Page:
HughesNet offers Internet service delivered via satellite. The system is a VSAT platform for two-way Internet service via satellite. HughesNet uses conventional Ku-band satellites on a variety of geosynchronous satellites as well as Ka band service on the HNS owned and operated Spaceway 3 satellite positioned at 95 degress West latitude.

Equipment

HughesNet systems employ a fixed-mount 0.74 meter dish attached to a pole or building. Some extreme northern locations require a larger .98 meter dish to ensure adequate signal strength. HughesNet recently released their new product, the HN9000 which does utilize Ka band frequency. The Hughes HN9000 is a high-performance broadband modem designed to deliver a wide range of HughesNet broadband services to consumers, small-to-medium businesses, and government agencies in North America, utilizing the unique high-capacity SPACEWAY 3 satellite system. A variety of service plans are available with the HN9000, delivering throughputs up to 1 Mbps on the uplink, and up to 5 Mbps on the downlink. Operating as an IP modem, the HN9000 incorporates several advanced features to increase throughput performance and maximize the user’s experience and satisfaction. Performance Enhancing Proxy (PEP) mitigates delay and increases overall throughput over satellite channels, while the unique Hughes TurboPage® feature provides HTTP acceleration for lightning-fast browser performance. The Federal Communications Commission (FCC) requires that trained professionals install any satellite system that both sends and receives signals.

Name change

• On March 27, 2006, DirecWay officially changed its name to HughesNet. The previous DirecWay name was fully retired on April 22, 2006. HughesNet® solutions and services are marketed directly by HUGHES® and its authorized resellers and distributors throughout North America, Europe, India and Brazil. In all other regions of the world, Hughes products and services are available from a growing family of value-added providers and resellers.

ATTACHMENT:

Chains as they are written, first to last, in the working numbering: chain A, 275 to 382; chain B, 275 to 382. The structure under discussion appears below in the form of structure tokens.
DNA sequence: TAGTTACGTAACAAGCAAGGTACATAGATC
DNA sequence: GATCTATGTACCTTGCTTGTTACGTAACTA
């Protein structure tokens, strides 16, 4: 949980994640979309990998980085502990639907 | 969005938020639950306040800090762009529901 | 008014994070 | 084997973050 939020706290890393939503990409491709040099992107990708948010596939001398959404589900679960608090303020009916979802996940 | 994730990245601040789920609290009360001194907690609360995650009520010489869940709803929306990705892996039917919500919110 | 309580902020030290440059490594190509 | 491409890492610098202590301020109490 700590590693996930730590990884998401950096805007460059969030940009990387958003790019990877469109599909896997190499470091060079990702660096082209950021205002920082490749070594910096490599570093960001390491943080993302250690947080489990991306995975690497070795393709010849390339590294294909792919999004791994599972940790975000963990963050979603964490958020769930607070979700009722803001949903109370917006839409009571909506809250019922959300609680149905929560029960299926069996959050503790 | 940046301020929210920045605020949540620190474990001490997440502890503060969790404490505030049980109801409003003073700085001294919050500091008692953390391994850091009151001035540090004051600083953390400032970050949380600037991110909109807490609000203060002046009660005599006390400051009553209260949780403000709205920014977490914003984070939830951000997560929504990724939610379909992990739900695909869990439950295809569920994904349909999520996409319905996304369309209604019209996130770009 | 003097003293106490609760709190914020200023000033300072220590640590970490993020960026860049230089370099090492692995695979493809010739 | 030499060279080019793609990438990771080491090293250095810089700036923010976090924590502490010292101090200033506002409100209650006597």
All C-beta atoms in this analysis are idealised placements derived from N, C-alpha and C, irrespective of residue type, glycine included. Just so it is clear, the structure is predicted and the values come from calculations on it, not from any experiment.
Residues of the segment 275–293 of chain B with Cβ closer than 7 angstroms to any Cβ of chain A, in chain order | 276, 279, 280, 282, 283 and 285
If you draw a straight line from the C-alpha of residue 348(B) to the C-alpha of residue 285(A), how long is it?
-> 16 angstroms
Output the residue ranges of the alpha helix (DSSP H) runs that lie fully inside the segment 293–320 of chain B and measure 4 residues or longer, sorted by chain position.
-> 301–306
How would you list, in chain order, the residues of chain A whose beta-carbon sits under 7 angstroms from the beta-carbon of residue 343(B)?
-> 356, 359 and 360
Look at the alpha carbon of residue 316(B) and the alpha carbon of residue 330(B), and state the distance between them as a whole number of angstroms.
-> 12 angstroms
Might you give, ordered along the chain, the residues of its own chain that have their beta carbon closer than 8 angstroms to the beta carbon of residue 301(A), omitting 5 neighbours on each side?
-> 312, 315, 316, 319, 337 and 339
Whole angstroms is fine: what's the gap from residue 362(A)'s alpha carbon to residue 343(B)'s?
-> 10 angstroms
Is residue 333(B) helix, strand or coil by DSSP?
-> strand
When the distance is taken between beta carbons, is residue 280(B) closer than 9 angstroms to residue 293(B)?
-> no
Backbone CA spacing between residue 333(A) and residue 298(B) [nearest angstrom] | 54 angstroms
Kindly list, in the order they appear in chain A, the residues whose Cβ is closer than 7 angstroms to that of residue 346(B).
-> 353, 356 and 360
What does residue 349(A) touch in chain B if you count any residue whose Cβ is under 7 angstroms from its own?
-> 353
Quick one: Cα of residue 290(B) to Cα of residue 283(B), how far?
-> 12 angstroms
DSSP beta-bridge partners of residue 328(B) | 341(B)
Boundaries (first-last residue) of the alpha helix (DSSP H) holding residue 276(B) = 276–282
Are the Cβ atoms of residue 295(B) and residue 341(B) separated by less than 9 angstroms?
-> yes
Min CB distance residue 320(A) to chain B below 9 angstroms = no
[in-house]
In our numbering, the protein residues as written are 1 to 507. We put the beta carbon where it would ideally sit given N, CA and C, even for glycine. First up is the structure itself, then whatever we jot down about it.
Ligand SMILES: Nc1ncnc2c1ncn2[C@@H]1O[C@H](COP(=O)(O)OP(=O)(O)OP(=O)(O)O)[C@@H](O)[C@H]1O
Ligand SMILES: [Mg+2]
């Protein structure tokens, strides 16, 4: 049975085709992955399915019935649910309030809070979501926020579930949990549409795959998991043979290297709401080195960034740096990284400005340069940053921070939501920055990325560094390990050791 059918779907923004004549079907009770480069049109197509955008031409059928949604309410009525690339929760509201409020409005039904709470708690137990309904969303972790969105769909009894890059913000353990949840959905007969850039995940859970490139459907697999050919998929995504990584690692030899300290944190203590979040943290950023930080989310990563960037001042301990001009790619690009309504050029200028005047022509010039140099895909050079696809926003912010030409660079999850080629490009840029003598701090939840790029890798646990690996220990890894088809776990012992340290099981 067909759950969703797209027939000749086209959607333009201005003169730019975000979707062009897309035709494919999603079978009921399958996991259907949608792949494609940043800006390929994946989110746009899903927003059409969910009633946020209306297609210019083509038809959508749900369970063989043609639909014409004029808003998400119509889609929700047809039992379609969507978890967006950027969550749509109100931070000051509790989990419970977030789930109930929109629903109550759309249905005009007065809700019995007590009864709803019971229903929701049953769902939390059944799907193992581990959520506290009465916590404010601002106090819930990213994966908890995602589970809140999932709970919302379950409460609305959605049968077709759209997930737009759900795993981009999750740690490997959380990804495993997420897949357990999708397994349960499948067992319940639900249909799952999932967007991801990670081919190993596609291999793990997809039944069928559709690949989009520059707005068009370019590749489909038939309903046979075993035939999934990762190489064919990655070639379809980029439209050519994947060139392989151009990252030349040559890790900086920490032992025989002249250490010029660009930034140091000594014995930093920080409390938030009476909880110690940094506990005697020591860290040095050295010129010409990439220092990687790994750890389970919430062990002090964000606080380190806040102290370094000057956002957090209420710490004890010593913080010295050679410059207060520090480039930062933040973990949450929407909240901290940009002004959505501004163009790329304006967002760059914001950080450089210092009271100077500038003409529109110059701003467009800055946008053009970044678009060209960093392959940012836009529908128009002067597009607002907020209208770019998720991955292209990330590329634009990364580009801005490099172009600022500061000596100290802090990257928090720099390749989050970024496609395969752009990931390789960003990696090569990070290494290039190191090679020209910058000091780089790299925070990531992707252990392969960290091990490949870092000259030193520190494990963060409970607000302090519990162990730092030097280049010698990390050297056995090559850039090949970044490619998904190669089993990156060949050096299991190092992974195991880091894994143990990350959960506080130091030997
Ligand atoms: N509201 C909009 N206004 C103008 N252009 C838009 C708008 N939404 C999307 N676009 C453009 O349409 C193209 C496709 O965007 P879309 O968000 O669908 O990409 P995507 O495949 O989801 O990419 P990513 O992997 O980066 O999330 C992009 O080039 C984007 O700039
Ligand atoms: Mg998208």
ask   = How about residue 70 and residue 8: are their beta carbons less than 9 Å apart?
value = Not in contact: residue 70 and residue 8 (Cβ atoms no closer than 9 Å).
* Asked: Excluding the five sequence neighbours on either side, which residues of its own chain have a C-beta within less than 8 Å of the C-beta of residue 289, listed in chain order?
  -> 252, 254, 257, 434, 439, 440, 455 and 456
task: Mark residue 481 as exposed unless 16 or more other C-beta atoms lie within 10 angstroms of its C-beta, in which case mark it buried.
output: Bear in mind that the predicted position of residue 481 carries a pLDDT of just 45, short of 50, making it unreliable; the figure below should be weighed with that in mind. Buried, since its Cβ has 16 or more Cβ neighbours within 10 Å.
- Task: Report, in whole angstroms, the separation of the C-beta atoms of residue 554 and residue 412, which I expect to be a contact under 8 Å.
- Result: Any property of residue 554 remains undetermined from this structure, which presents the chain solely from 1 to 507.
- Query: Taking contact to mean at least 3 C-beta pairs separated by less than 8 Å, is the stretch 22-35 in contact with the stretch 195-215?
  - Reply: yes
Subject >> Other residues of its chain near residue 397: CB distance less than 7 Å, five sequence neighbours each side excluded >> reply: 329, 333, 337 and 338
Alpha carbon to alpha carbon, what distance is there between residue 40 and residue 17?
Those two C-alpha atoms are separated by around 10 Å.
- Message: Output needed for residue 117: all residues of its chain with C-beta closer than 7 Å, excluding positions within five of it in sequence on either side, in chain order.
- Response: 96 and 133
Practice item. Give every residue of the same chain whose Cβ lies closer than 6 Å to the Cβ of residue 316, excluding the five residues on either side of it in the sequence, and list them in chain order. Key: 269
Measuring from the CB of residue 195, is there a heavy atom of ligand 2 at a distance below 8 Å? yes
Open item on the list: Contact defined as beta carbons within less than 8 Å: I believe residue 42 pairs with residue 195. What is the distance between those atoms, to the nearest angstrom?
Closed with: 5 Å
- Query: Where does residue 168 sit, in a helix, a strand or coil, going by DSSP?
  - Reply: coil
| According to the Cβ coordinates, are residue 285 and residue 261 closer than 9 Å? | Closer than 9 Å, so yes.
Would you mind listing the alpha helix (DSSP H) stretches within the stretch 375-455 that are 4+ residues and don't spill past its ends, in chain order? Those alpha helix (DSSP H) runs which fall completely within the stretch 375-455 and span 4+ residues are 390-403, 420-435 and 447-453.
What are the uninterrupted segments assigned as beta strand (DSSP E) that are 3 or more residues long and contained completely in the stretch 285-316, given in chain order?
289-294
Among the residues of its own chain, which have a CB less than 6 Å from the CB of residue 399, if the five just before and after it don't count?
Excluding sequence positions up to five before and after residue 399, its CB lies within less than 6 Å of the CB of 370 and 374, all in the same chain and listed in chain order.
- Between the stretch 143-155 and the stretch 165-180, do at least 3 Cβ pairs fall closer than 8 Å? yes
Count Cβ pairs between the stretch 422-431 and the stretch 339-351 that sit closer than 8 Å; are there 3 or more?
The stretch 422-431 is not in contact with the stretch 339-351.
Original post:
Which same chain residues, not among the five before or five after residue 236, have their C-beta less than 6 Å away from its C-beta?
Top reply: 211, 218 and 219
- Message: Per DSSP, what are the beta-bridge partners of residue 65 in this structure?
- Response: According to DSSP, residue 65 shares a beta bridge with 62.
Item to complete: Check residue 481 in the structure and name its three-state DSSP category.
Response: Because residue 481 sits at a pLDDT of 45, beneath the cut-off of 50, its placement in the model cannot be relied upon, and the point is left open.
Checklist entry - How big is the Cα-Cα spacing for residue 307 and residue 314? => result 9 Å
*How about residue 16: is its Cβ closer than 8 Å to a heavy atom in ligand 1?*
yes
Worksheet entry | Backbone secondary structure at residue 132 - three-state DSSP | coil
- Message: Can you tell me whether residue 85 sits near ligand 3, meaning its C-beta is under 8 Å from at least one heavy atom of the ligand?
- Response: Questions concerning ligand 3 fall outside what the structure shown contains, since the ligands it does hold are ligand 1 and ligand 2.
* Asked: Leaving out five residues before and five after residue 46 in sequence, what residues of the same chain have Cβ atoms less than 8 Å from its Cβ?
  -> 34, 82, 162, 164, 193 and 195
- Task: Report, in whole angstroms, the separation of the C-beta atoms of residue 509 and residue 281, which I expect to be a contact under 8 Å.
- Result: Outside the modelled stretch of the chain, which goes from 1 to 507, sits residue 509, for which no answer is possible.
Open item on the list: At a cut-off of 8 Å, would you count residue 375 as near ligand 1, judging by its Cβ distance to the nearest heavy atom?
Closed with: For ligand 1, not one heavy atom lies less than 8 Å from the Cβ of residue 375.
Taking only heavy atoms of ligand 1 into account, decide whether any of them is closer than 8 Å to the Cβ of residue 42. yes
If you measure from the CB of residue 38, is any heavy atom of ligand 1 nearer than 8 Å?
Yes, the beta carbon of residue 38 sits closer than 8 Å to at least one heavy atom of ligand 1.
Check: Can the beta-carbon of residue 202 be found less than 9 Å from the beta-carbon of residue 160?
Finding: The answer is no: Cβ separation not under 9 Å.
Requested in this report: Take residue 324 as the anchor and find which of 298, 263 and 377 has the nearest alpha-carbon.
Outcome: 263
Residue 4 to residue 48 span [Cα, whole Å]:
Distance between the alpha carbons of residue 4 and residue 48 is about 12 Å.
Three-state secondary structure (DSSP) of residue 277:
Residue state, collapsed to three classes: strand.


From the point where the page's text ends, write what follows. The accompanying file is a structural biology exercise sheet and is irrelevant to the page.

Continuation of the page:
Customer Service, Billing, Technical Support

HughesNet Customer Service, Billing and Technical Support calls are handled through English speaking call centers located inside and outside of the United States.

Criticisms

Network latency

Latency refers to the amount of time it takes a packet of data to travel across a network. With satellite service, that data must travel up to the satellite and back (about 45,000 miles). This round trip adds about a half-second delay to the total time your computer takes to communicate with a Website or host server. Therefore, time-sensitive applications that require fractions-of-a-second user inputs (such as multi-player “twitch” games or real-time equities trading) are not recommended with satellite.

All satellite Internet providers have been criticized for their network latency, which makes the service unusable for some applications. The latency is unavoidable due to the distances involved.